Earlier this year we wrote a blog about the rise and rise of the zero waste movement. We touched on how that Blue Planet documentary had woken us all up to the devastating effects that the throw away culture we live has on the environment and how it seems the industry has been listening. As more government policies get put into place, ongoing consumer demand and more transparent and eco-friendly supply chains continue, manufacturers, brands and retailers are continuing to step up to the plate.
Just this week we reported that African beauty brand Nokware Skincare has committed to switching to sustainable bamboo packaging in a response to growing consumer desire for zero waste packaging options. Meanwhile in a meeting of bigwig minds, L’Oréal China has joined forces with Alibaba in an agreement that will see the pair commit to environmentally-friendly packaging options in China, while Henkel has forged an alliance with Mondi, Borealis and APK to improve packaging sustainability.
And, in perhaps the biggest news this week, Unilever Australia announced its commitment to more environmentally-friendly packaging, stating that 25 percent of its product packaging will come from post-consumer recycled plastic. Proving that the big guns are stepping up and continuing to better educate, inspire and do. And it’s about time too, as reported by Vogue, ‘it is predicted that there will be up to 12 billion tonnes of plastic in landfills generated by the beauty industry alone.’ Ouch.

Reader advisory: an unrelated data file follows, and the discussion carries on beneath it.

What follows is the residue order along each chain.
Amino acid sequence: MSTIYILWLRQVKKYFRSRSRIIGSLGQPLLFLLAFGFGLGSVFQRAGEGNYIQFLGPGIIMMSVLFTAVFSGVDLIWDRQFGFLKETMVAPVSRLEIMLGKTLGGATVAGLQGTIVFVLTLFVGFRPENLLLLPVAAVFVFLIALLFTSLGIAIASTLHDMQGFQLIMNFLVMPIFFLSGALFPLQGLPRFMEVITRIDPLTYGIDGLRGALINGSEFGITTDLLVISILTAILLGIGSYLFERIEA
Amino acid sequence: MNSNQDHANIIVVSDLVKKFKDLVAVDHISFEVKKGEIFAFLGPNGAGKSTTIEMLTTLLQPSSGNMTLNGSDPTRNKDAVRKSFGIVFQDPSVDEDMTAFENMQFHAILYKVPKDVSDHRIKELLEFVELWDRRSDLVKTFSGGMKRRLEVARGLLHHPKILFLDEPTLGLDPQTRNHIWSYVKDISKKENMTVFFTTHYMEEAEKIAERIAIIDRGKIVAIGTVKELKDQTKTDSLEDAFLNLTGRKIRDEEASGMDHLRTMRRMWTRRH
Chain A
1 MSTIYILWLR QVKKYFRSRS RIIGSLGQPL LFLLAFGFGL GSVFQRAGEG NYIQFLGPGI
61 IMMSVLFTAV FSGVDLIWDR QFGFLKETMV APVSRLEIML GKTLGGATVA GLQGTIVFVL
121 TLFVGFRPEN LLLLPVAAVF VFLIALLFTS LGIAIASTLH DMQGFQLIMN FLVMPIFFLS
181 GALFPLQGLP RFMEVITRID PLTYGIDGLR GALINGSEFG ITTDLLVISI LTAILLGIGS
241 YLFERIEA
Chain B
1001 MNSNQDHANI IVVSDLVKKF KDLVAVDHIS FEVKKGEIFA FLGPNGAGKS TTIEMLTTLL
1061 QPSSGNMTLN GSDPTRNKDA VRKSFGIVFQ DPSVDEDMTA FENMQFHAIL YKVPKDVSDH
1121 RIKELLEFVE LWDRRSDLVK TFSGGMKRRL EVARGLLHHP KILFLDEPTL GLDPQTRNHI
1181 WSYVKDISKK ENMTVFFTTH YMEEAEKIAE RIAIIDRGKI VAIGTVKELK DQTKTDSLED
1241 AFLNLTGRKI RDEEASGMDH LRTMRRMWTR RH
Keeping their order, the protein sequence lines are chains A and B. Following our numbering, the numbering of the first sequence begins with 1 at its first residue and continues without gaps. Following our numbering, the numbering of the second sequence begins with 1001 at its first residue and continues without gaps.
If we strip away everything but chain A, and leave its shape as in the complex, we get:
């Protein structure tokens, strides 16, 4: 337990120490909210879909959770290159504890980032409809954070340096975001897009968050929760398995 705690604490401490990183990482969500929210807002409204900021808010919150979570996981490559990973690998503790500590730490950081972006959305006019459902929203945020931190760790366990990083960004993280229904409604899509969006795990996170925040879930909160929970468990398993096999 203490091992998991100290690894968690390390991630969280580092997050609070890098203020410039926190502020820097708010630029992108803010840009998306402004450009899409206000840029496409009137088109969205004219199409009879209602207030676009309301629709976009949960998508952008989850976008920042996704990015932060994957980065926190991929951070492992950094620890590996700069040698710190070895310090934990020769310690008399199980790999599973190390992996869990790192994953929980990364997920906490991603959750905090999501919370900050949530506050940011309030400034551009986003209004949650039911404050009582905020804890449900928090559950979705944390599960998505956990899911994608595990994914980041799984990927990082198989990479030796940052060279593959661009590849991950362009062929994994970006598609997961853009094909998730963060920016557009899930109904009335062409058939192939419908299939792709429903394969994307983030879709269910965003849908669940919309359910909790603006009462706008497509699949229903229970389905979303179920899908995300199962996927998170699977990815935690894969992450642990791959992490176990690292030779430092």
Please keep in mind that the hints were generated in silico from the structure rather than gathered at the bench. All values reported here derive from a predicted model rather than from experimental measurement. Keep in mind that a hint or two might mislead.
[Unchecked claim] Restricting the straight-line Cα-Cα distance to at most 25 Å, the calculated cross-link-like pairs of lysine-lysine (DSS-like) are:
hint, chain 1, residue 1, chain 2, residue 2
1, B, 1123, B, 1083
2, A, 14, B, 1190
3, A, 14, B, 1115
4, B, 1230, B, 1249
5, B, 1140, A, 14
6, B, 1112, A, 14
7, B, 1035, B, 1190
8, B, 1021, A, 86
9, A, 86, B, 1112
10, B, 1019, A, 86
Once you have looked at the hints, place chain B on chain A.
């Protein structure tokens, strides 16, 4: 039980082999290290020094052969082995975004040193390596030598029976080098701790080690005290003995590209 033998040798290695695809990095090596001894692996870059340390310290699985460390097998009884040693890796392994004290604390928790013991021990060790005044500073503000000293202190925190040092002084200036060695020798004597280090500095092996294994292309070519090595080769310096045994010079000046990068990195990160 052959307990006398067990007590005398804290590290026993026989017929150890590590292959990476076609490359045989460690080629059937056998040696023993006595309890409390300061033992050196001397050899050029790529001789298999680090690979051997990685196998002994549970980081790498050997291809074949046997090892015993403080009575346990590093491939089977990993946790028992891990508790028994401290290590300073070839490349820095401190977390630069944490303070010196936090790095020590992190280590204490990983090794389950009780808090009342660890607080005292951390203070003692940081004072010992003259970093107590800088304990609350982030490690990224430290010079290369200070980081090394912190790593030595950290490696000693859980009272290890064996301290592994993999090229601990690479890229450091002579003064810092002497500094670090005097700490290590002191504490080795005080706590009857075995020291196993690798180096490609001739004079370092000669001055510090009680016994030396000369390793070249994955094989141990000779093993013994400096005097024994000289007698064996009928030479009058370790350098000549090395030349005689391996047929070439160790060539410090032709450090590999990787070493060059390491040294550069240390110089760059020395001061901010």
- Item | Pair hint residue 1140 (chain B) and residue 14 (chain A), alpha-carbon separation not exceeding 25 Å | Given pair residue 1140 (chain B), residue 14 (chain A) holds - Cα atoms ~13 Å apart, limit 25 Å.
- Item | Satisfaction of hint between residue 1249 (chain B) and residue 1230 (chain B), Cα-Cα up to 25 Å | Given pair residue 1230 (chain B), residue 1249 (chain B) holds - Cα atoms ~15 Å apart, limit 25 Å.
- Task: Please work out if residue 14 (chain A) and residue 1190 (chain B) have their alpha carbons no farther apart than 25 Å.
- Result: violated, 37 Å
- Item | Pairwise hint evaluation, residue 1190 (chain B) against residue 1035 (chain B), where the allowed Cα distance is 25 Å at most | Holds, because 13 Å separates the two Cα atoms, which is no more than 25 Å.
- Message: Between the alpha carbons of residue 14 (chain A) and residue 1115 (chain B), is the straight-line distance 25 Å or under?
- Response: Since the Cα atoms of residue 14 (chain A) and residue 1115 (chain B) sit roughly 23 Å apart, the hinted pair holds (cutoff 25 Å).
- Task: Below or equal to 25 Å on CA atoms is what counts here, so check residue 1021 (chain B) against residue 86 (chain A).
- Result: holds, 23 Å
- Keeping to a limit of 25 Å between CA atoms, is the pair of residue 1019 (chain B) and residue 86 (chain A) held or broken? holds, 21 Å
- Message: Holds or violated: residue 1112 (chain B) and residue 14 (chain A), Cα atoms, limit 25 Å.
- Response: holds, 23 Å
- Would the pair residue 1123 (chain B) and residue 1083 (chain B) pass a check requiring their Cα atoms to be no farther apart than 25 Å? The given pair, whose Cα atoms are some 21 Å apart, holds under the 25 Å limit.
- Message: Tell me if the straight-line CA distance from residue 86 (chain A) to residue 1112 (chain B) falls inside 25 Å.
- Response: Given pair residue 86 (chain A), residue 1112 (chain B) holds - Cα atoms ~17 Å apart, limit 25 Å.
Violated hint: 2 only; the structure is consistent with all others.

However, that’s what the industry giants are doing on a grand scale. What about closer to home in terms of helping consumers do their bit too? Do we as an industry that contributes so much to the problem therefore have a responsibility to better educate buyers on how to recycle and reuse our beauty-industry plastic packaging? Should brands be shouting about cheap cheats that consumers can do to reuse beauty packaging? Diffusers out of old fragrance bottles and washing old facial wipes are just some of the great suggestions by Vogue.
But is it the responsibility of the brands to educate on these matters? In my opinion, yes. Of course there are some companies more forthcoming than others in navigating consumers in the right direction. While MAC’s parent company Estée Lauder may not be cruelty free, the cult beauty brand does do its bit in engaging consumers in the mvoement. Finished your latest Lady Danger lippy? The company is very vocal that you can save up six empties of your favourite item and in return get a brand new product. Likewise Neal’s Yard uses only recycled glass, and Lush is well known for using its ethical stance on zero waste packaging as part of its inherent brand message – consumers can’t escape it.
Perhaps while the big manufacturers and parent companies consider their large back-end campaigns, they should also pay attention to better educating from the front. For example, marketing campaigns aimed at generating better consumer awareness about how to implement a zero-waste movement at home. In the words of Tesco, every little helps.